Macbook Air mid 2012 Battery Health

Discussion in 'MacBook Air' started by Andrei221, Dec 16, 2014.

  1. Andrei221 macrumors newbie

    Joined:
    Dec 16, 2014
    #1
    Hello guys. I have an macbook air mid 2012, the battery has 304 cycles and the health goes from 84-85%.

    I haven't tested the battery to see in real life how well it performs as i keep it plugged in most of the time.

    Is there anything i can do to improve my battery health? I find 85% to be a bit low for just 300± cycles.

    And another question - should i use mavericks or yosemite for a better battery life? Currently i am running yosemite.

    Thank you
     

    Attached Files:

  2. DaKKs macrumors 6502

    Joined:
    Aug 15, 2012
    Location:
    Stockholm, Sweden
    #2
    Cycles isn't always the most import thing. Age, type of battery, usage pattern etc also decides. I fact, i can tell you that having it plugged in most of the time usually does more damage to it than exercising it rutinely.
     

    Attached Files:

  3. Andrei221 thread starter macrumors newbie

    Joined:
    Dec 16, 2014
    #3
    i now exercise it almost daily, the cycles don't worry me but the battery health. now it is up to 85,8%. i see that it increased in 2 days. how can i increase the health of it, any idea?

    and again, what os is better for battery performance? mavericks or yosemite? thank you
     
  4. motrek macrumors 68020

    Joined:
    Sep 14, 2012
    #4
    Disagree. I have always kept my MacBooks plugged in almost all the time and they have all had excellent battery health.

    My previous MacBook was an 11" 2010 MBA. I sold it recently with only a couple hundred cycles on it and its battery health was still at 90%. It was plugged in the vast majority of its life.
     
  5. motrek macrumors 68020

    Joined:
    Sep 14, 2012
    #5
    I think the answer to increasing your battery health lies somewhere between "nobody knows" and "there's no way to tell" and "it's complicated." Batteries are essentially random, complicated structures of chemicals and predicting their behavior is difficult, if not impossible.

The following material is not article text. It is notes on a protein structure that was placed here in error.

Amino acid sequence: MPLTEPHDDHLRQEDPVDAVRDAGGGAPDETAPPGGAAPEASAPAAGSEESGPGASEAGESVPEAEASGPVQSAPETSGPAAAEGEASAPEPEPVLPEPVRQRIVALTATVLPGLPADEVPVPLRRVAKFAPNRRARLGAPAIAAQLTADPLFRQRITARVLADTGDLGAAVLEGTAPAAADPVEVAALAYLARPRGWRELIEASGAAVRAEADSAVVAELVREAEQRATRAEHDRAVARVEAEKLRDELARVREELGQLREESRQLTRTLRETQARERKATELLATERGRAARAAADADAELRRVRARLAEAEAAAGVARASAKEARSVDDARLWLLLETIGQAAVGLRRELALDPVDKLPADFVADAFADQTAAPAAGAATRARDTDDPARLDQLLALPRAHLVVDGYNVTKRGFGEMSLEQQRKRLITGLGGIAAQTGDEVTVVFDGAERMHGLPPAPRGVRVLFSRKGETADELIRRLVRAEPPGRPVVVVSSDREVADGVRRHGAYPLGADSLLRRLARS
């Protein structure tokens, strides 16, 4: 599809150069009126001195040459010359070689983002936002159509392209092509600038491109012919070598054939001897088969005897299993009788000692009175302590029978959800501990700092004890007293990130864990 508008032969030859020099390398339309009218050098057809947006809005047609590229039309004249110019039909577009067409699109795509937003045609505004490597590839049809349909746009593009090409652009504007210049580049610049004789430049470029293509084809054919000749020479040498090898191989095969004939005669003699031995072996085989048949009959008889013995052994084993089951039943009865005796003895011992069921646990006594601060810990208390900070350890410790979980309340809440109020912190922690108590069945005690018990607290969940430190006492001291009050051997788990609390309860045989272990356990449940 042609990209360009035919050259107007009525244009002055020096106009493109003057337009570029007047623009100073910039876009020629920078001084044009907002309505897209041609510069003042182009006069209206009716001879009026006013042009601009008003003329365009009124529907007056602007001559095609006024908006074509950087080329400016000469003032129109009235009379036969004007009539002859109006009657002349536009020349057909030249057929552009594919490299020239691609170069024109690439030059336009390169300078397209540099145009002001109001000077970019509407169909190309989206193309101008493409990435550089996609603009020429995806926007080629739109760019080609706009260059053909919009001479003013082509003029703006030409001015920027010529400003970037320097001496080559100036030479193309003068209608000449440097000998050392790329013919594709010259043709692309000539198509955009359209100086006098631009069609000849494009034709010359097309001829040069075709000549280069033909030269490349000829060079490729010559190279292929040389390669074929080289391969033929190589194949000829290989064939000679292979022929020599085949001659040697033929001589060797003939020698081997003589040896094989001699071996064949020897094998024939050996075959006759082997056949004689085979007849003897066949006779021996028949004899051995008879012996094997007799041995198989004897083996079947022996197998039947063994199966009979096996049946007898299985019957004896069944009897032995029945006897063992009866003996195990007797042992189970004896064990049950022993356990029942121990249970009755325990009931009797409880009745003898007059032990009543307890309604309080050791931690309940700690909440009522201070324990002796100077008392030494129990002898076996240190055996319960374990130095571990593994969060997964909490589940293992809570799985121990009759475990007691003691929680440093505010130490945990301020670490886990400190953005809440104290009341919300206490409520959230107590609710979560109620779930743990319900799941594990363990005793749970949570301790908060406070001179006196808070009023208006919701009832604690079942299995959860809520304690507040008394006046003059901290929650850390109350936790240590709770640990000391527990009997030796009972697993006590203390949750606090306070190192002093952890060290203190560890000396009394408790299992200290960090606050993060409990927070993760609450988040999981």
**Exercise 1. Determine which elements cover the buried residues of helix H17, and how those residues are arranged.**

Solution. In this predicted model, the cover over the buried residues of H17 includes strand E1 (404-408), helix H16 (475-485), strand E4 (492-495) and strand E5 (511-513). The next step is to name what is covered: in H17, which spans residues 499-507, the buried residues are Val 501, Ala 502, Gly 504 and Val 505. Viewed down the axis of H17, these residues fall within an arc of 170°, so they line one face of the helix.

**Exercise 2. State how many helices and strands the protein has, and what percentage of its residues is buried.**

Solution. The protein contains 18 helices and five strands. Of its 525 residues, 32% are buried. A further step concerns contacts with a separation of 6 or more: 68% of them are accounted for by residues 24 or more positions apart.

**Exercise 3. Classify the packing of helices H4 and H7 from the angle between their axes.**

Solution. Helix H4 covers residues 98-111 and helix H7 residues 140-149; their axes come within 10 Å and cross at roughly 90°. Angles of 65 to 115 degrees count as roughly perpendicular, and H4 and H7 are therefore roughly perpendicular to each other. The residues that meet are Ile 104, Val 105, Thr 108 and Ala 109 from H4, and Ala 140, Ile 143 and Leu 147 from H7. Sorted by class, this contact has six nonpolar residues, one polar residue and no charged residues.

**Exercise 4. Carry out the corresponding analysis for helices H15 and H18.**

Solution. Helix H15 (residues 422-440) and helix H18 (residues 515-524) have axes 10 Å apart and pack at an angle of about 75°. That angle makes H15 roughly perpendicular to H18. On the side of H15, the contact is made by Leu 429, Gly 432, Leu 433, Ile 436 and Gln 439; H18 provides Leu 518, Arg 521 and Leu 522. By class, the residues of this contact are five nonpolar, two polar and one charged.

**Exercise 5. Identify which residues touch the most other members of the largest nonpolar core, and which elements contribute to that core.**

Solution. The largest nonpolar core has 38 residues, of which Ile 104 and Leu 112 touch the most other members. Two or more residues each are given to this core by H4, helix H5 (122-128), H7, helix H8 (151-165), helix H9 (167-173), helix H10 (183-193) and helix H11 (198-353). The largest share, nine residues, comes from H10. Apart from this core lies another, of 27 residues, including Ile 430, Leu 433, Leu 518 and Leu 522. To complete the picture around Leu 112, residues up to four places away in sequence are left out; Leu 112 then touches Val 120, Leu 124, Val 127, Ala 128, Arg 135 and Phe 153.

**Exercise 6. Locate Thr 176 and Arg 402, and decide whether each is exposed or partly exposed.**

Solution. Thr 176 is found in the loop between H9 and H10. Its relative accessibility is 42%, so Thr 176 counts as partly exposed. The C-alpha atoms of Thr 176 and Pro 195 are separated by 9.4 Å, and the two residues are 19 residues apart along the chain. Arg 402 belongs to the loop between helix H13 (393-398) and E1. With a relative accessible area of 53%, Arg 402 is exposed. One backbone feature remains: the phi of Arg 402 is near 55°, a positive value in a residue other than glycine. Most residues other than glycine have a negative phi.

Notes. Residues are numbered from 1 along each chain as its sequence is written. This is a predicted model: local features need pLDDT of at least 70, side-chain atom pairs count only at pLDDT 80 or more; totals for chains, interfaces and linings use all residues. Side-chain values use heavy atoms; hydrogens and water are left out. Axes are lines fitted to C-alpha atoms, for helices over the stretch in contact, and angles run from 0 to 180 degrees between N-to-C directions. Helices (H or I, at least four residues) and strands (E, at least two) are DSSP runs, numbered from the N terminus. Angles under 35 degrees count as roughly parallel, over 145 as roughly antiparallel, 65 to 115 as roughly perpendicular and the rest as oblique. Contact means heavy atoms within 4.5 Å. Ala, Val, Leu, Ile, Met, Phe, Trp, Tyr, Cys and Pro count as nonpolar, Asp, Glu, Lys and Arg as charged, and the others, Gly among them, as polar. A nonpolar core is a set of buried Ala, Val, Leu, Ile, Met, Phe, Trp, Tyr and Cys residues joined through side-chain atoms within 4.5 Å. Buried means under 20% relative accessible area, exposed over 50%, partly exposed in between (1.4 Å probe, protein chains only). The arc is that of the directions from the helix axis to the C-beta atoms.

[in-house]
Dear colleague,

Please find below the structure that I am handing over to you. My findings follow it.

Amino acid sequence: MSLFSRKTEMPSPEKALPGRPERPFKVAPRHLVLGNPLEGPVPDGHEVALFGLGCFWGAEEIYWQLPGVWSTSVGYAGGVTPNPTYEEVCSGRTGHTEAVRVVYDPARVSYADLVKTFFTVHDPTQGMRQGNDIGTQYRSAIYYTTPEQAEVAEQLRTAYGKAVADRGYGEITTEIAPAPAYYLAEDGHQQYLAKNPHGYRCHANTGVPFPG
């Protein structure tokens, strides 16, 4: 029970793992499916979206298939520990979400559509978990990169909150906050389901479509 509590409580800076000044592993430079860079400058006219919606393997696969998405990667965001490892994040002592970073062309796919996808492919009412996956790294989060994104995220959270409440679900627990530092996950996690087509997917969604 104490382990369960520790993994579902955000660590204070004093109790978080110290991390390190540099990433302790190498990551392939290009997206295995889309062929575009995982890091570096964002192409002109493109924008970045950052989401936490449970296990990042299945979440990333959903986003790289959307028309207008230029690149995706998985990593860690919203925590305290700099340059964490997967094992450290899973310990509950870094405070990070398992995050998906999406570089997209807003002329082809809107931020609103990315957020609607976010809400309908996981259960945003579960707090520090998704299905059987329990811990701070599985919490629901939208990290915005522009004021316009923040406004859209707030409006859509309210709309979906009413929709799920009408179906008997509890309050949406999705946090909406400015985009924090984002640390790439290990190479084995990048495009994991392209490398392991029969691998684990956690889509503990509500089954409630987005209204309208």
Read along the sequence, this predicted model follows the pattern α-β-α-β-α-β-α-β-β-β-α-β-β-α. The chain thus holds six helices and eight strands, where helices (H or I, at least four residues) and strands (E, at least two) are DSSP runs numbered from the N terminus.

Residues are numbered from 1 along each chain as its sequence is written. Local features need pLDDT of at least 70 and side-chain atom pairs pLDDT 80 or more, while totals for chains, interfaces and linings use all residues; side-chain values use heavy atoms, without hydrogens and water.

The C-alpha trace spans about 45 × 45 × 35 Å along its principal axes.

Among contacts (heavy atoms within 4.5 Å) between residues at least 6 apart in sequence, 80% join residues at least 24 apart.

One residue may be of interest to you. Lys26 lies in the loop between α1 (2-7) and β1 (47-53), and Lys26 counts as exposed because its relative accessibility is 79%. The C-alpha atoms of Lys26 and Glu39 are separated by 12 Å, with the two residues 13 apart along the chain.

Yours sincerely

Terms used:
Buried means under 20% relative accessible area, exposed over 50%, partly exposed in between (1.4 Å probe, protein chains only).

There are basically two points of widely accepted conventional wisdom when dealing with Apple batteries:

    1) More cycles is bad, so keep them plugged in when possible
    2) High temperatures are bad (might trigger a chemical reaction that can cause the cells to swell and eventually break)

    Other than that, there's no consensus on what to do, which I take to mean that it doesn't really matter.
     
  6. DaKKs macrumors 6502

    Joined:
    Aug 15, 2012
    Location:
    Stockholm, Sweden
    #6
    Thats interesting. I currently have six laptops shelved due to bad batteries. Two of those are macs. They have all been solely used as desktops, only moved a few times. All had their batteries fail around or under 2 years of use.

    That said, i do admit that the batteries of Macbooks can usually take more punishment than Wintel machines.

    Aslo, i refurbish coporate computers for a voloneer organisation. 80% of those used office machines were docked 24/7 and in my experince those that were used properly had batteries that survied longer. Around half uad dead batteries after the three year life span. And those are all thinkpads and busness dells or hp's. So no cheap ****.
     
  7. motrek macrumors 68020

    Joined:
    Sep 14, 2012
    #7
    If you're refurbishing computers then it sounds like they might be a little older and might use lithium ion cells, vs. lithium polymer, so that might not be relevant.

    Also, if you overcharge a lithium battery, that will quickly ruin it. Older laptops didn't have as much logic around preventing overcharging so maybe those Dells and HPs were ruining themselves when they were plugged in by trying to charge the battery all the time.

    You don't give much information about the Macs.

    You are not the first person to claim that leaving a MacBook plugged in will kill the battery though. Since I leave my MacBooks plugged in all the time and it's never been bad for the batteries, I have a hard time believing this.

    I have put a little thought into trying to come up with alternate explanations. One is that if you leave the MacBook in the same place all the time, i.e., use it as a desktop, it might cause problems. That place might not have very good airflow/ventilation, so the laptop might run hotter than it otherwise would, and we do know that heat is bad for batteries. Or, similarly, that place might be exposed to a lot of direct sunlight (maybe at times when nobody is around to notice) and that could easily cause a heat problem.
     

Share This Page